Notes: Libraries and Black Holes

May 19, 2009

I started re-reading a book by Matthew Battles a librarian at the Houghton Library at Harvard University this evening called The Library: An Unquiet History. I especially like this passage from the beginning of the book:

But the library–especially one so vast [as Harvard’s Widener Library]–is no mere cabinet of curiosities; it’s a world, complete and uncompletable, and it is filled with secrets. Like a world, it has its changes and its seasons, which belie the permanence that ordered ranks of books imply. Tugged by the gravity of readers’ desires, books flow in and out of the library like the tides. The people who shelve the books in Widener talk about the library’s breathing–at the start of the term, the stacks exhale books in great swirling clouds; at the end of term, the library inhales, and the books fly back. So the library is a body, too, the pages of books pressed together like organs in the darkness.

I’ve also been reading about black holes and Einstein’s theory of relativity, of spacetime:

Within days after formulating his equivalence principle, Einstein used it to make an amazing prediction, called gravitational time dilation: If one is at rest relative to a gravitational body, then the nearer one is to the body, the more slowly one’s time must flow. For example, in a room on Earth, time must flow more slowly near the floor than near the ceiling. This Earthly difference turns out to be so miniscule, however (only 3 parts in 10 to the 16th power; that is, 300 parts in a billion billion), that it is exceedingly difficult to detect. By contrast, near a black hole gravitational time dilation is enormous: If the hole weighs 10 times as much as the Sun, then time will flow 6 million times more slowly at 1 centimeter height above the hole’s horizon than far from its horizon; and right at the horizon, the flow of time will be completely stopped. (Imagine the possibilities for time travel: If you descend to just above a black hole’s horizon, hover there for one year of near-horizon time flow, and then return to Earth, you will find that during that one year of your time, millions of years have flown past on Earth).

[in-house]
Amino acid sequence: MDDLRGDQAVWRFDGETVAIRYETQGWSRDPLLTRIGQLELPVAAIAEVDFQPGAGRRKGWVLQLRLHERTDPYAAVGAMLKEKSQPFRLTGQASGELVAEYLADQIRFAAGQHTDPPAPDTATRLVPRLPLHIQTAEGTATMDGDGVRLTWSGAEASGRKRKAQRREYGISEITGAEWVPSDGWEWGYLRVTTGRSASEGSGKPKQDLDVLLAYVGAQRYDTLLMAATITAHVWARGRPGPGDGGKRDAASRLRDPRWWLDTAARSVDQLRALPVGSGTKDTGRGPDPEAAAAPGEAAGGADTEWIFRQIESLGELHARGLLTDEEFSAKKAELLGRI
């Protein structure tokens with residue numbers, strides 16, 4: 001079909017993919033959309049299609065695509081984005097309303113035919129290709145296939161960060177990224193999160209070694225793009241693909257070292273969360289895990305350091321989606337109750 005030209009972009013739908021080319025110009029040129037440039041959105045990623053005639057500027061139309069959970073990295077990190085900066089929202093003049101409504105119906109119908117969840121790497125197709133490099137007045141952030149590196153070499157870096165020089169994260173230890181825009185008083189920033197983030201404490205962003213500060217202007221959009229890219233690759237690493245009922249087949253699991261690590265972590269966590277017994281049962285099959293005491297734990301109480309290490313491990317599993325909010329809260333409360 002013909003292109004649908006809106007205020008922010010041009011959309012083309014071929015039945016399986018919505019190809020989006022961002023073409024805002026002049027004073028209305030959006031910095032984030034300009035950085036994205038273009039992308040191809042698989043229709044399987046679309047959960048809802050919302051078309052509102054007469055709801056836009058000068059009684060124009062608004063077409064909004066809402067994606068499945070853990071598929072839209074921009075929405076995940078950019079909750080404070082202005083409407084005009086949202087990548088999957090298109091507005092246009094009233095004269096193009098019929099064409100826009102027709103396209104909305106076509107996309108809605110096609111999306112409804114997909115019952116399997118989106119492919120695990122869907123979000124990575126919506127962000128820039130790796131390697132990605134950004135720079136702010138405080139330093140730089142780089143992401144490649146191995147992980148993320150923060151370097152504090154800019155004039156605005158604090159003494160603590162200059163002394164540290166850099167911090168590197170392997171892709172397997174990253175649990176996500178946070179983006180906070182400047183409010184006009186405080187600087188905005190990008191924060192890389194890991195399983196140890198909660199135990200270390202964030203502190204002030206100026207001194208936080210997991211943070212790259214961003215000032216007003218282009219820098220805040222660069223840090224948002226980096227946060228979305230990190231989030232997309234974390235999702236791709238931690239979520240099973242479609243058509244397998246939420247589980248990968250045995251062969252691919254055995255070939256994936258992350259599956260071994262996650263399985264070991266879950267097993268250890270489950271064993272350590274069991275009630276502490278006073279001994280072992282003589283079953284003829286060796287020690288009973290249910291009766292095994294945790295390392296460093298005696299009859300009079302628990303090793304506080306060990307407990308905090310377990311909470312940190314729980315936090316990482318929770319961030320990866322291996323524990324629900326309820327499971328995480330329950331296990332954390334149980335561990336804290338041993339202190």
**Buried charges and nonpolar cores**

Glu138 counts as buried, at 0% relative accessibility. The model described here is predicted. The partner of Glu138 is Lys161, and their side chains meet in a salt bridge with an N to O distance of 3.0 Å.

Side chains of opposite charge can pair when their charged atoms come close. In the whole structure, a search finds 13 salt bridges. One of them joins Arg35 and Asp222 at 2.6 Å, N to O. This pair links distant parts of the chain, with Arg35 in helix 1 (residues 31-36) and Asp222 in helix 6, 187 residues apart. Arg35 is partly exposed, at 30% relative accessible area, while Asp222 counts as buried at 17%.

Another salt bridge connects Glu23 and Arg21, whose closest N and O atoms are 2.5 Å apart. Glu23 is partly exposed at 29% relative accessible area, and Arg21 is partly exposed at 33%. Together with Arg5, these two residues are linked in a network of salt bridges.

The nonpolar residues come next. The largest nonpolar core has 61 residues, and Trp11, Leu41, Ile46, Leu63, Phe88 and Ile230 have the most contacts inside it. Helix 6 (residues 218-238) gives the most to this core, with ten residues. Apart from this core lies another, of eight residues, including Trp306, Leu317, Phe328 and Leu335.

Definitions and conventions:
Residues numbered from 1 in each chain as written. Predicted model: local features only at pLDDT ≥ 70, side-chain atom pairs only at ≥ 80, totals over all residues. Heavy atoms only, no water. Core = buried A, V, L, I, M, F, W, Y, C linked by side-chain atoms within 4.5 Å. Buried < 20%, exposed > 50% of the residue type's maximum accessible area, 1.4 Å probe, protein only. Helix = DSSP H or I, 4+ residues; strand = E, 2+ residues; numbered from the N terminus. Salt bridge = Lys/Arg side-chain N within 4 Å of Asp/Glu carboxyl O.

Comments are closed.

%d bloggers like this: